Pills and medication

Long-term conditions at work: What is a Wellness Action Plan?

Long-term health conditions, also known as chronic conditions, are those which currently can’t be cured. The condition and its symptoms can only be managed with medication and therapies. There’s a huge array of long-term, chronic conditions with which people have lived for years — and a wealth of ways in which they can be supported to thrive, both personally and professionally. 

How many people live with long-term health issues?

The last time the government published major research into long-term conditions was in 2015. At this time some 15 million people in England were living with long-term conditions1 — approximately 24% of the total population.2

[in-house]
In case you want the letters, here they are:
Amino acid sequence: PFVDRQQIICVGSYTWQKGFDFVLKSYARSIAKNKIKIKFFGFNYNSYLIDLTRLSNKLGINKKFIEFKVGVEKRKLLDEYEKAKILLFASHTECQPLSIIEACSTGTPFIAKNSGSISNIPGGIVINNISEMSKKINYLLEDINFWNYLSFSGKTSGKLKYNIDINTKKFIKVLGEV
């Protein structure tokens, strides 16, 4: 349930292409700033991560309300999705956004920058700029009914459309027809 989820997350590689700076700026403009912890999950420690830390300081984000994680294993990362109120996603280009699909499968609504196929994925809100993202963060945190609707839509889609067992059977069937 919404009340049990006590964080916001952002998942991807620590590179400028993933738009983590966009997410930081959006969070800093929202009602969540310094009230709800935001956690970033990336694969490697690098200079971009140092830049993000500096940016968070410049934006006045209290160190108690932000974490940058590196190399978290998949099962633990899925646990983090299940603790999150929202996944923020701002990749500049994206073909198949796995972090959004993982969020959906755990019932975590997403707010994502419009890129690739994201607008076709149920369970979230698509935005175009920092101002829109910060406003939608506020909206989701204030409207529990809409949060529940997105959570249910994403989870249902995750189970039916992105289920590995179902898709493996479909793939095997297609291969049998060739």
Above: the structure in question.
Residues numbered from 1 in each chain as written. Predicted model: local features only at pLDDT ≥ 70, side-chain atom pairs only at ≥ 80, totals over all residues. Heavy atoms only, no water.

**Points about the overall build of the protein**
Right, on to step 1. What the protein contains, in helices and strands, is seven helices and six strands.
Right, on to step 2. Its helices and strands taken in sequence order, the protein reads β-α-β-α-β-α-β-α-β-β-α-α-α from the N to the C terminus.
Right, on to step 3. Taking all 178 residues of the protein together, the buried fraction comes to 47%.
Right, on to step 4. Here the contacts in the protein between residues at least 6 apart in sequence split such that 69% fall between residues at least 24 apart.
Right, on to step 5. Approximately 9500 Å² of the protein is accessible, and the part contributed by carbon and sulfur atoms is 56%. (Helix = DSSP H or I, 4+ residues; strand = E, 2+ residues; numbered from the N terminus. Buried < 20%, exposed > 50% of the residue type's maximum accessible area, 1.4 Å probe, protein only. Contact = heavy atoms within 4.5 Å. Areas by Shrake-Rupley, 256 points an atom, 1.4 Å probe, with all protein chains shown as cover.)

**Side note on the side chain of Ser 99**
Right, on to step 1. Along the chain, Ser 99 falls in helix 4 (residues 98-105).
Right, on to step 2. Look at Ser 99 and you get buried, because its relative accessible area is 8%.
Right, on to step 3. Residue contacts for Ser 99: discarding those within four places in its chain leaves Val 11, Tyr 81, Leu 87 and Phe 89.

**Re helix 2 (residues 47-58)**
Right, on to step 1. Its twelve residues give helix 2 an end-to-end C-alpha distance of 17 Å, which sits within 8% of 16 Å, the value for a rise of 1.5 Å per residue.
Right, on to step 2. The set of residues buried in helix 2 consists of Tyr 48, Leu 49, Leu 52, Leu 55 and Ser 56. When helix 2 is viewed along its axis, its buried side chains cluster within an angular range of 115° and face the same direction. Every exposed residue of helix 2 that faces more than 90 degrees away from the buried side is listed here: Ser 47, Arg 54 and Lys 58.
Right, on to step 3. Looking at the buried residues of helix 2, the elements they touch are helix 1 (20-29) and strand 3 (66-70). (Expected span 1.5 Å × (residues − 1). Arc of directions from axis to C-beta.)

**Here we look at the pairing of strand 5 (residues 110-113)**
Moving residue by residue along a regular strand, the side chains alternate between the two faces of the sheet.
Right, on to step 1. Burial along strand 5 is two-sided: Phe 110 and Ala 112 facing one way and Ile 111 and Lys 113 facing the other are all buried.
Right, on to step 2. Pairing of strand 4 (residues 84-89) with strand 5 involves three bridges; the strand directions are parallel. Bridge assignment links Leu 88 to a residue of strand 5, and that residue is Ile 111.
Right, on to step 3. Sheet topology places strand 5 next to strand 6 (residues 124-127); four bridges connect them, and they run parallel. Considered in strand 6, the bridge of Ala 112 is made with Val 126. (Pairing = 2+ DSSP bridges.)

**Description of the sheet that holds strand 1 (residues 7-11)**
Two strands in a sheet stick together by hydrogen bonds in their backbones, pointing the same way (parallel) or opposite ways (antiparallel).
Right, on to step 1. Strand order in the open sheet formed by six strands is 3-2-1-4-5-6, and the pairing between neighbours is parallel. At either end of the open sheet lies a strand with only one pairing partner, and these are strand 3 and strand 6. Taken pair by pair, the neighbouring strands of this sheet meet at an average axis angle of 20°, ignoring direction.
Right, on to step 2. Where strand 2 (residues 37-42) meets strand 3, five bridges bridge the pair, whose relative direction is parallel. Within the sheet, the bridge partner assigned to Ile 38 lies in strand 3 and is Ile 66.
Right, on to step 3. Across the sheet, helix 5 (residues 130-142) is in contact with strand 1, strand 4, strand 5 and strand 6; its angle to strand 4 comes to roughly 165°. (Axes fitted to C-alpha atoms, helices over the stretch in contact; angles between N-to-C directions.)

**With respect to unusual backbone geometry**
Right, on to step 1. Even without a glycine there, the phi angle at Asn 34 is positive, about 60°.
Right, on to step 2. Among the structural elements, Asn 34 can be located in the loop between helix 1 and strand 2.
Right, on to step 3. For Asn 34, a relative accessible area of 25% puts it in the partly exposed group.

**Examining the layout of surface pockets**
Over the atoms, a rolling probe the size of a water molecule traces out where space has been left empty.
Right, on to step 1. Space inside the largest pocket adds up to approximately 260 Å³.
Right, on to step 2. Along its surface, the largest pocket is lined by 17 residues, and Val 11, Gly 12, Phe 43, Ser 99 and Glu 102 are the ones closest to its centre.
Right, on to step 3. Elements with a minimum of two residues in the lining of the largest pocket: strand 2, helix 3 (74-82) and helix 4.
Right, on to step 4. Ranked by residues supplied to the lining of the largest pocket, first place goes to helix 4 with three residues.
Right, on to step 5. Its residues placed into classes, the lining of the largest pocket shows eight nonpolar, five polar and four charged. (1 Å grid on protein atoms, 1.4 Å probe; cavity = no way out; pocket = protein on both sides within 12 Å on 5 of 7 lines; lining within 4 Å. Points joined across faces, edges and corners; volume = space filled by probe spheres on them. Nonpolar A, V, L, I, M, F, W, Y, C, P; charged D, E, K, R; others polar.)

The ten most common long-term conditions were:

  1. High blood pressure (hypertension)
  2. Depression
  3. Asthma
  4. Diabetes
  5. Coronary heart disease
  6. Chronic kidney disease
  7. Underactive thyroid (hypothyroidism)
  8. Stroke/transient ischemic attack
    (TIA, also known as a ‘mini stroke’)
  9. Chronic obstructive pulmonary disease
  10. Cancer.1

Other chronic conditions include epilepsy, mental health problems other than depression, Crohn’s disease, multiple sclerosis and more.

Long-term conditions in the workplace